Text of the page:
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Please be aware that this old REACH registration data factsheet is no longer maintained; it remains frozen as of 19th May 2023.

The new ECHA CHEM database has been released by ECHA, and it now contains all REACH registration data. There are more details on the transition of ECHA's published data to ECHA CHEM here.

Diss Factsheets

Administrative data

short-term repeated dose toxicity: dermal
Data waiving:
study scientifically not necessary / other information available
Justification for data waiving:
Justification for type of information:
According to REACH Annex VIII column 1 (8.6.1), the following study for repeated dose toxicity is required: Short-term repeated dose toxicity study (28 days), one species, male and female, most appropriate route of administration, having regard to the likely route of human exposure.
Further, according to column 2, the short-term toxicity study (28 days) does not need to be conducted if i.a. a reliable sub-chronic (90 days) or chronic toxicity study is available, provided that an appropriate species, dosage, solvent and route of administration were used.
There is a suitable Klimisch 2 oral toxicity study available, conducted in a scientifically reasonable manner similar to OECD 408 and assessing the toxicological properties of 3-methyl-1,3-thiazolidine-2-thione after oral gavage over 90 days.
In general, the oral route is the most suitable one to assess systemic effects in humans, which is the main aim of this endpoint. The dermal or inhalative route is only scientifically relevant in case of considerable exposure, any route-specific toxicological mode of action or local effects, whereas sufficient information on the latter can be gained via irritation tests (REACH No. 8.1. or 8.2).
According to REACH Annex VIII column 2 (8.6.1), the appropriate route shall be chosen on the following basis: Testing by the dermal route is appropriate if: (1) inhalation of the substance is unlikely; and (2) skin contact in production and/or use is likely; and (3) the physicochemical and toxicological properties suggest potential for a significant rate of absorption through the skin.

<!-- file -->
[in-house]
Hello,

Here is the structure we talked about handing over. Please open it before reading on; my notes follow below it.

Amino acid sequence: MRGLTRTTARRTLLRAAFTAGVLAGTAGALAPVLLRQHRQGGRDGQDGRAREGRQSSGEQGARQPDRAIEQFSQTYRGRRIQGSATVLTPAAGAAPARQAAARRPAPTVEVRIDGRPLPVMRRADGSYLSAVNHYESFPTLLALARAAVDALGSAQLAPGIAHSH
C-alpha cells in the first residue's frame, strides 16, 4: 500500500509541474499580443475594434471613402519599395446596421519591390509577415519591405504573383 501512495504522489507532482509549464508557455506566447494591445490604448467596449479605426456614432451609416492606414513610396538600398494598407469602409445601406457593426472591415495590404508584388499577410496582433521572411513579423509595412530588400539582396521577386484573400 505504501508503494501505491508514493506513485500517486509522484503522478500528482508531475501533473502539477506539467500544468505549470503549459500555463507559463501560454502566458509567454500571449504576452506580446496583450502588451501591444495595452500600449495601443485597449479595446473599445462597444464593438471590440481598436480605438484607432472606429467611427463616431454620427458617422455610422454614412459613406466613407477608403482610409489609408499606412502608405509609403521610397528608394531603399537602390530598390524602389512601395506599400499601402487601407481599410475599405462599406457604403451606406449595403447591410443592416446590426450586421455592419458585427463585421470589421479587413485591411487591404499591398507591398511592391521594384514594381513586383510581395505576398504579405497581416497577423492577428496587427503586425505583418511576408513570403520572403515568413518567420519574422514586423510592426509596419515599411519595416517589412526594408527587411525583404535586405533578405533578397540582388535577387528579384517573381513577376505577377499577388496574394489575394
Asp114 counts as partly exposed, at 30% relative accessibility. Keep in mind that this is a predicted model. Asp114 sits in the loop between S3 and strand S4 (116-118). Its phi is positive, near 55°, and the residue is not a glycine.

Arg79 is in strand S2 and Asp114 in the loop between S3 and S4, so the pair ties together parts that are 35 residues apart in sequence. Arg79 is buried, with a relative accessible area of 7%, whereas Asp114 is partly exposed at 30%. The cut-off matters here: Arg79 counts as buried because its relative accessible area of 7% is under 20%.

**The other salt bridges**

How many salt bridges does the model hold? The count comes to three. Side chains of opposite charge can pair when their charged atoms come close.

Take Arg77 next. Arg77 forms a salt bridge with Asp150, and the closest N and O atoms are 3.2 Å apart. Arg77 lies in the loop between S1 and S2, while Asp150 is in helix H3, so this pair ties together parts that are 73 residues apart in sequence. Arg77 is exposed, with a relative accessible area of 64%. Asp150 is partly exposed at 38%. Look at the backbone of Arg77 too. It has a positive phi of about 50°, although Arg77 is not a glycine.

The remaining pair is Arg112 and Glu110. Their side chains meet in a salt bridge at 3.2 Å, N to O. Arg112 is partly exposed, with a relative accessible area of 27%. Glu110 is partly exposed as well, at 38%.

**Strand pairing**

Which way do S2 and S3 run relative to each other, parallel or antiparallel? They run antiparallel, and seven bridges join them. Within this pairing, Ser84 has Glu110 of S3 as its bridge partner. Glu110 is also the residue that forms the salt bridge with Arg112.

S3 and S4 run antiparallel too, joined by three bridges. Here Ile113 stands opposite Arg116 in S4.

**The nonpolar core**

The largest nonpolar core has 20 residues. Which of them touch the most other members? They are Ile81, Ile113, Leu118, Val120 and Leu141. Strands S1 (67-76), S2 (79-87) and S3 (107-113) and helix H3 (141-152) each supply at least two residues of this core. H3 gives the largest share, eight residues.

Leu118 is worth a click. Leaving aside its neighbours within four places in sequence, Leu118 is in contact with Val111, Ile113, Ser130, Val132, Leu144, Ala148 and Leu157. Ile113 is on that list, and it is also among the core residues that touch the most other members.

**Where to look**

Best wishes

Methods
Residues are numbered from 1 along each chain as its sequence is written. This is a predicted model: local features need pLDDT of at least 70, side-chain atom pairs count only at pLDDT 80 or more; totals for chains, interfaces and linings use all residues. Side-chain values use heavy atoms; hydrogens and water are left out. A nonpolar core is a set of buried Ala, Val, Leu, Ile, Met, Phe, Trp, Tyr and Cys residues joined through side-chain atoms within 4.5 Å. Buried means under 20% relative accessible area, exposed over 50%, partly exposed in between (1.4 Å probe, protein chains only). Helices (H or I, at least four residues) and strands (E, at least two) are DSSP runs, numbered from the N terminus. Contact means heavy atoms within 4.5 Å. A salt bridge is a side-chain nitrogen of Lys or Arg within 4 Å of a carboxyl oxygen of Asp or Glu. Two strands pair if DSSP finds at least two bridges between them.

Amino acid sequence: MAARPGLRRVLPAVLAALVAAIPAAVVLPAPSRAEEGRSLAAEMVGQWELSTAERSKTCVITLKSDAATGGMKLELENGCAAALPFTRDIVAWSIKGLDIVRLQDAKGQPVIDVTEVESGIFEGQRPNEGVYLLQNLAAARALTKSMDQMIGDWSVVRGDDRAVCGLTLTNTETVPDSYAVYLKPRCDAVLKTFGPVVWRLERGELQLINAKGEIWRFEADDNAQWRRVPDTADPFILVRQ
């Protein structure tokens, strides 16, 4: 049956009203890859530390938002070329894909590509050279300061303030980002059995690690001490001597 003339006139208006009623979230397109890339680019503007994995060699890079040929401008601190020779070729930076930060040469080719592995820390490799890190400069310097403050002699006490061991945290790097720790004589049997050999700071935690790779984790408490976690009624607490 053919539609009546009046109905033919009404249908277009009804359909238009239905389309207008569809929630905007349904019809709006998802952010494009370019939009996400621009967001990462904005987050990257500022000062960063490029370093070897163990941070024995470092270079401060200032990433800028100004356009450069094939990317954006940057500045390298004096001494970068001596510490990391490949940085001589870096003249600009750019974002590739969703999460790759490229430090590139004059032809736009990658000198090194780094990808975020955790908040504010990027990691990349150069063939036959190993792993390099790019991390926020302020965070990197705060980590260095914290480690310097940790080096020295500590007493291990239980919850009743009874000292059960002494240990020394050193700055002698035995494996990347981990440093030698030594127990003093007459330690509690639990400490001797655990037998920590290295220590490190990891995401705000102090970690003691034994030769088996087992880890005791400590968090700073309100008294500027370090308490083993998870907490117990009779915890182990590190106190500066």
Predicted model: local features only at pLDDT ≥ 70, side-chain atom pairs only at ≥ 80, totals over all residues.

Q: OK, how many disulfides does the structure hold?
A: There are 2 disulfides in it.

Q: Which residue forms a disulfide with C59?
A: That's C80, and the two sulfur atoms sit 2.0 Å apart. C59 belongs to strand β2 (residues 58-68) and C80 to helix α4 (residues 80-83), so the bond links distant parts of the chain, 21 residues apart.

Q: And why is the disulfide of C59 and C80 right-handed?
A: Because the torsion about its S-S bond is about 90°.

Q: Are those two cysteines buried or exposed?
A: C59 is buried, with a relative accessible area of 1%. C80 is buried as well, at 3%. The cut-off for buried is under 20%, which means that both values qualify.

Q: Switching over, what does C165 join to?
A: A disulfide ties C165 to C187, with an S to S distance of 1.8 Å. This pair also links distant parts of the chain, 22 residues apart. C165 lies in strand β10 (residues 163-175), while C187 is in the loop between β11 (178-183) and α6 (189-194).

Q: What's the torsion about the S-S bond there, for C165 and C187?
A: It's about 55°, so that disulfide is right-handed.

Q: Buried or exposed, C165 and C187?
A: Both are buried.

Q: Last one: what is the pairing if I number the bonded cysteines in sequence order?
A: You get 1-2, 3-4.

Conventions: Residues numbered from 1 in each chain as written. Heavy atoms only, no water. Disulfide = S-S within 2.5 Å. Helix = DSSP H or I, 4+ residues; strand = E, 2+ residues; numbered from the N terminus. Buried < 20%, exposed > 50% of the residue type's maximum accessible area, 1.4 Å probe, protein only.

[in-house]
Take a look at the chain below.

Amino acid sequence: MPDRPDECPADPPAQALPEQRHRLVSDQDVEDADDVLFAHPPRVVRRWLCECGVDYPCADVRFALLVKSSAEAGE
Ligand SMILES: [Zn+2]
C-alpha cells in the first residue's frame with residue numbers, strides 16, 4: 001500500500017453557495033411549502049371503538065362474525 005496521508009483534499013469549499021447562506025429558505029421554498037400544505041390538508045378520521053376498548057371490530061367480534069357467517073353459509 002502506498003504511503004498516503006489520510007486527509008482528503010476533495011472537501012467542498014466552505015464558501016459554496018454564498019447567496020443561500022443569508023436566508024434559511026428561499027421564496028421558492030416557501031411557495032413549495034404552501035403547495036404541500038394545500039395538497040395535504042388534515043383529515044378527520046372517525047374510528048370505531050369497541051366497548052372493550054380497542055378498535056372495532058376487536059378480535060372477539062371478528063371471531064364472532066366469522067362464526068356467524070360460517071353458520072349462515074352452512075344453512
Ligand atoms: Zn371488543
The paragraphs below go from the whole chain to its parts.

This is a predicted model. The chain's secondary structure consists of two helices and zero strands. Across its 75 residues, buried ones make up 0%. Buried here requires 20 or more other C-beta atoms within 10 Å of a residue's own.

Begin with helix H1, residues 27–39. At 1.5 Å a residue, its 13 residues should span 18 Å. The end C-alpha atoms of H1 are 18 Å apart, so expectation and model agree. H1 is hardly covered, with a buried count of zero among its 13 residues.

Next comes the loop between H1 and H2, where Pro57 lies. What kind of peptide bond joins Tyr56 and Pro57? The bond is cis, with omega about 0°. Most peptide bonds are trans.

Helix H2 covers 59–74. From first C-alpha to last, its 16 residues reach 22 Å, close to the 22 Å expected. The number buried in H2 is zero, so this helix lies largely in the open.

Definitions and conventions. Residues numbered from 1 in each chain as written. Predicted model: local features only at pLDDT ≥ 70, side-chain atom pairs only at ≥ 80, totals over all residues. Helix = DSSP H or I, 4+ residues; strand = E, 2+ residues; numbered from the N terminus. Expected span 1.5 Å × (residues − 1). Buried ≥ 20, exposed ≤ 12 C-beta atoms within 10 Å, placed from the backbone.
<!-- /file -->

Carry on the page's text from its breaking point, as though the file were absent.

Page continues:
Although inhalation of 3-methyl-1,3-thiazolidine-2-thione is unlikely, the latter conditions do not apply. Skin contact in production and/or use is unlikely as all identified process categories indicate no likelihood of exposure, i.e. use in closed process, no likelihood of exposure, all transfer is done in dedicated vessels or filling lines.
The physicochemical and toxicological properties do not suggest potential for a significant rate of absorption through the skin. Skin absorption is influenced by several factors, i.a.:
- Molecular weight: Less than 100 favors dermal uptake. Above 500 the molecule may be too large. With a molecular weight of 133.2351 g/mole, absorption is possible, possibly even favoured.
- LogPow: For substances with Log P values <0, poor lipophilicity will limit penetration into the stratum corneum and hence dermal absorption. Values <–1 suggest that a substance is not likely to be sufficiently lipophilic to cross the stratum corneum, therefore dermal absorption is likely to be low. Values between 1 and 4 are favourable for absorption. Since 3-methyl-1,3-thiazolidine-2-thione has a logPow of 0.59 at 20.3°C, dermal absorption may be possible, but less likely to occur.
- Water solubility: If water solubility is above 10,000 mg/l and the Log P value below 0 the substance may be too hydrophilic to cross the lipid rich environment of the stratum corneum. Dermal uptake for these substances will be low. As stated above, log Pow is 0.59, and additionally, the substance was found to be rather soluble in water, i.e. 3.65 g/L (at 30°C and pH 4.7). Also here, dermal absorption may occur to a minor extent due to the moderate to high hydrophilicity of the compound.
- Skin irritation / corrosion: If the substance is a skin irritant or corrosive, damage to the skin surface may enhance penetration. 3-methyl-1,3-thiazolidine-2-thione was not classified as irritant to the skin. Further, the substance does not need to be classified as irritating to the eye, which is in general considered to be more sensitive than the skin. Last but not least, in the available LLNA, no evidence of systemic toxicity or irritation was found. Therefore, no additional penetration enhancement must be considered.
In consequence, the available 90 day oral toxicity study similar to OECD 408 is sufficient to cover this endpoint, no repeated dose testing via dermal route needs to be performed and can consequently be waived due to animal welfare.

Data source

Materials and methods

Results and discussion

Applicant's summary and conclusion